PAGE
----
1. Hey, found a link to your blog and thought I'd comment. Hope you get a chance to respond!

    So, I definitely get the perspective that God Himself is essentially the same, but our understanding of Him has grown over the centuries. From a high level, I think it makes a lot of sense and is exactly where I was in the past. However, this rationale can be difficult to apply to specific instances in Scripture, such as:
    A) The reason God rejected Saul as king of Israel and chose to replace him with David is because Saul did not complete the genocide of the Amalekites by killing all the "men and women, children and infants, cattle and sheep, camels and donkeys" (1 Samuel 15:3)
    B) On multiple occasions, God condones the slaughter of priests part of competing religions (1 Kings 18:40, 2 Kings 10:25 2 Kings 23:20), a method of evangelism that has thankfully gone out of style
    C) Slavery is clearly not considered to be immoral by God, although He does provide a little bit of regulation of the slave trade in Scripture (Leviticus 25:44-46, Exodus 21:7-11, Ephesians 6:5, 1 Timothy 6:1-2)
    D) And lest I sound a bit too harsh on the OT, Scripture clearly shows that God has some very patriarchal views on the role of women in the NT as well (1 Timothy 2:9-15, 1 Peter 3:1-6, 1 Corinthians 11:3-9, 1 Corinthians 14:34-35)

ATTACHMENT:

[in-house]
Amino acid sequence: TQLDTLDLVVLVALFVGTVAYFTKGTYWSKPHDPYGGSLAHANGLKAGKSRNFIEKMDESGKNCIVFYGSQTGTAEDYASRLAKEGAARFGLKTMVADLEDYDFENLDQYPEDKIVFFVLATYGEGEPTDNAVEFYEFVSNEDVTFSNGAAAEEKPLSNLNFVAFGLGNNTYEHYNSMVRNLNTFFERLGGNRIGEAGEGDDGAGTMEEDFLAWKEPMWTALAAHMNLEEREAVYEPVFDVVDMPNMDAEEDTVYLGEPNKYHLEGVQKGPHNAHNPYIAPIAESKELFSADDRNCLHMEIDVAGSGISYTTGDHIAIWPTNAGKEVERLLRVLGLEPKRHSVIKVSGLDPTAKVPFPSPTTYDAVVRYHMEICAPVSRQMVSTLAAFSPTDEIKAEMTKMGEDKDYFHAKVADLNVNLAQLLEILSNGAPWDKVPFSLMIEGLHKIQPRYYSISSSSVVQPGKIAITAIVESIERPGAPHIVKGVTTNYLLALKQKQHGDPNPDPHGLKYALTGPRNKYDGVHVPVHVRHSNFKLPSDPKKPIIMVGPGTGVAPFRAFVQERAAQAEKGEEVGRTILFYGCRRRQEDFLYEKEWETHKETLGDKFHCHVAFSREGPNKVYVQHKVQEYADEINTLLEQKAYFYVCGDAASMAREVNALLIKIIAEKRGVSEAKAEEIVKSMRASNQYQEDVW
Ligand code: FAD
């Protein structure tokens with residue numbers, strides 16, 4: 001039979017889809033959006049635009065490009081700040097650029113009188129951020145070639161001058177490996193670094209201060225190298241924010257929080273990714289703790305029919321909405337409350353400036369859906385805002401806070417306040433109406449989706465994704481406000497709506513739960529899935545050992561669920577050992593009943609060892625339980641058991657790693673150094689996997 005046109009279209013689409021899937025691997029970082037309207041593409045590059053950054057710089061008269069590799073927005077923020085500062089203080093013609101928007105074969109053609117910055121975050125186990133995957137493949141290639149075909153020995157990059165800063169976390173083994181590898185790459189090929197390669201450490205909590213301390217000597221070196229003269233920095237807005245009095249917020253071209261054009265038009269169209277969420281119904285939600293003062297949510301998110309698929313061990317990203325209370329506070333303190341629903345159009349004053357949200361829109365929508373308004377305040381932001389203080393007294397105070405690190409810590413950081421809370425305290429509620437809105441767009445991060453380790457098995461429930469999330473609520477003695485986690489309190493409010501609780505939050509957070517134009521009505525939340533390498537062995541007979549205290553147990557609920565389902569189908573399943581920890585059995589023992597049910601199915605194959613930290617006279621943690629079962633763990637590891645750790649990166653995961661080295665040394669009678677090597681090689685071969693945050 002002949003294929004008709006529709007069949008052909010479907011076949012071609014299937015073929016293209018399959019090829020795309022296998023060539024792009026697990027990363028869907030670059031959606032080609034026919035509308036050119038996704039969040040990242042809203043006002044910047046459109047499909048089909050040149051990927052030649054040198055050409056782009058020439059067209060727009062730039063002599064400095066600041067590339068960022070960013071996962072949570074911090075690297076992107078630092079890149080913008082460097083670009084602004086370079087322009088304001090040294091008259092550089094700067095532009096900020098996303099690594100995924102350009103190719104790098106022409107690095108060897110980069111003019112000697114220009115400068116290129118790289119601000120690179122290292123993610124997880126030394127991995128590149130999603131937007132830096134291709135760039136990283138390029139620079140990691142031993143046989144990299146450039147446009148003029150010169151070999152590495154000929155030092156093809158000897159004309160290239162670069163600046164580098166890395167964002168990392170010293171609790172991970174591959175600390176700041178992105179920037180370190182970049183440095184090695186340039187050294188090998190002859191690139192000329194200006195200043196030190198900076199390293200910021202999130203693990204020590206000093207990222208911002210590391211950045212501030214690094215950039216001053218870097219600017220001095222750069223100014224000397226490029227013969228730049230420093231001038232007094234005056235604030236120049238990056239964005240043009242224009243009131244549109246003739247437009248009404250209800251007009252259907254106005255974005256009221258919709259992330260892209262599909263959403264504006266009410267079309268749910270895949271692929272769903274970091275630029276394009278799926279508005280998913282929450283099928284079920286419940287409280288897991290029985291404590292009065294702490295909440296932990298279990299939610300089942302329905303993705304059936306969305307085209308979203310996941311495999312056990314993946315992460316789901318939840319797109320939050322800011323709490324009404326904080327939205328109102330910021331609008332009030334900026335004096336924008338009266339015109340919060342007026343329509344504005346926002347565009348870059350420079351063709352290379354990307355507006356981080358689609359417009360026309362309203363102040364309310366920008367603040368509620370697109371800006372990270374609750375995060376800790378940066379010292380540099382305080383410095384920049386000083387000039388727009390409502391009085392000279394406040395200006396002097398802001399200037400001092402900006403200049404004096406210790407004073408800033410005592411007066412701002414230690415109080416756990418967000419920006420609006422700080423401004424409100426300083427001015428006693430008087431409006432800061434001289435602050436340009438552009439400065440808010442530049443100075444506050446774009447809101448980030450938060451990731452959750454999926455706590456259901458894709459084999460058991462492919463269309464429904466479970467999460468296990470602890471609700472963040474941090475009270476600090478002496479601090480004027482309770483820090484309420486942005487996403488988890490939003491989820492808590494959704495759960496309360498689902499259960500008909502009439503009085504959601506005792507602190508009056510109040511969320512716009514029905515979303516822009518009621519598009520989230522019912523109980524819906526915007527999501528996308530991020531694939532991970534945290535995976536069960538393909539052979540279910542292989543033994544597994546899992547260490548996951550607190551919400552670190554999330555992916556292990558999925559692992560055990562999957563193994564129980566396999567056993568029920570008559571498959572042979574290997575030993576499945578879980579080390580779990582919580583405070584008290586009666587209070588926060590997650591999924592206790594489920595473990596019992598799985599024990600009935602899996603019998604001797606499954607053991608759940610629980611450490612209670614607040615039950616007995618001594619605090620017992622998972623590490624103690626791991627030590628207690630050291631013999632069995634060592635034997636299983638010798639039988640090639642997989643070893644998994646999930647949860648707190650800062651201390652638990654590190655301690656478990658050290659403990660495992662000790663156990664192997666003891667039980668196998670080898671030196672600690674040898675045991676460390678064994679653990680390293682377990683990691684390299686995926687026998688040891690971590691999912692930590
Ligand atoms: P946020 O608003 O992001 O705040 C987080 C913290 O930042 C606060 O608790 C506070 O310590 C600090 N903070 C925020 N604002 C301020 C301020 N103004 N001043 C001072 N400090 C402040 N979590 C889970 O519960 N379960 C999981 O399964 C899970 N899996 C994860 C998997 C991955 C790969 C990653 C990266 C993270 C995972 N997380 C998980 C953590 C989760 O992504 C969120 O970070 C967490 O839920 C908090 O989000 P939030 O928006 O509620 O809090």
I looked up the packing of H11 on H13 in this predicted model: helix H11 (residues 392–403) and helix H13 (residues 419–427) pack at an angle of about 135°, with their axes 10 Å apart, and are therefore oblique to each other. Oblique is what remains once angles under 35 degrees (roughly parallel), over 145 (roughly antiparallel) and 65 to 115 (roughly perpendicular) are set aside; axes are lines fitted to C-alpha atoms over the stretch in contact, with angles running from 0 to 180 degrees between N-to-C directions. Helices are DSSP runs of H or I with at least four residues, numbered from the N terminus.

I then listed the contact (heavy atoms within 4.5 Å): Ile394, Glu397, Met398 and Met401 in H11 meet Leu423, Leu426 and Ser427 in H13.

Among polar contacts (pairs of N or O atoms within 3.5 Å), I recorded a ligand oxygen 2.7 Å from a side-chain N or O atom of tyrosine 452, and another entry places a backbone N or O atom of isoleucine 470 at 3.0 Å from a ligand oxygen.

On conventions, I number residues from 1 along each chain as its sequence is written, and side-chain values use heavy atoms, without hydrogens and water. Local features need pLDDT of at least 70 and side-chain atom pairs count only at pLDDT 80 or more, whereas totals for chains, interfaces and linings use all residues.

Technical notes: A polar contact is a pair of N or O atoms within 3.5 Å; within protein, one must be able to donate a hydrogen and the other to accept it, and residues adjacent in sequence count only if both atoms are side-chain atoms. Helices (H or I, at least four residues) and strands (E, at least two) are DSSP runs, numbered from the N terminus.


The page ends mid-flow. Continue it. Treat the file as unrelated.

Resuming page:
I think it would be easy to say that God has evolved over the years too, but these examples are beyond a simple evolution; they are 180 degrees the opposite of how we would view God now. I could also see the argument the men wrote the Bible and are subject to error, but this seems like a slippery slope to me. How do we know that a man wrote the part about genocide, but the 10 Commandments must be from God? Or that God truly loves us and offers us forgiveness, but Paul slipped in his own personal views on women.

    Of course, you could also make the argument that men actually wrote 100% of the different books of the Bible, and that God's view isn't reflected in Scripture at all. Seems like that would explain a lot....

    Anyway, looking forward to a good response from you!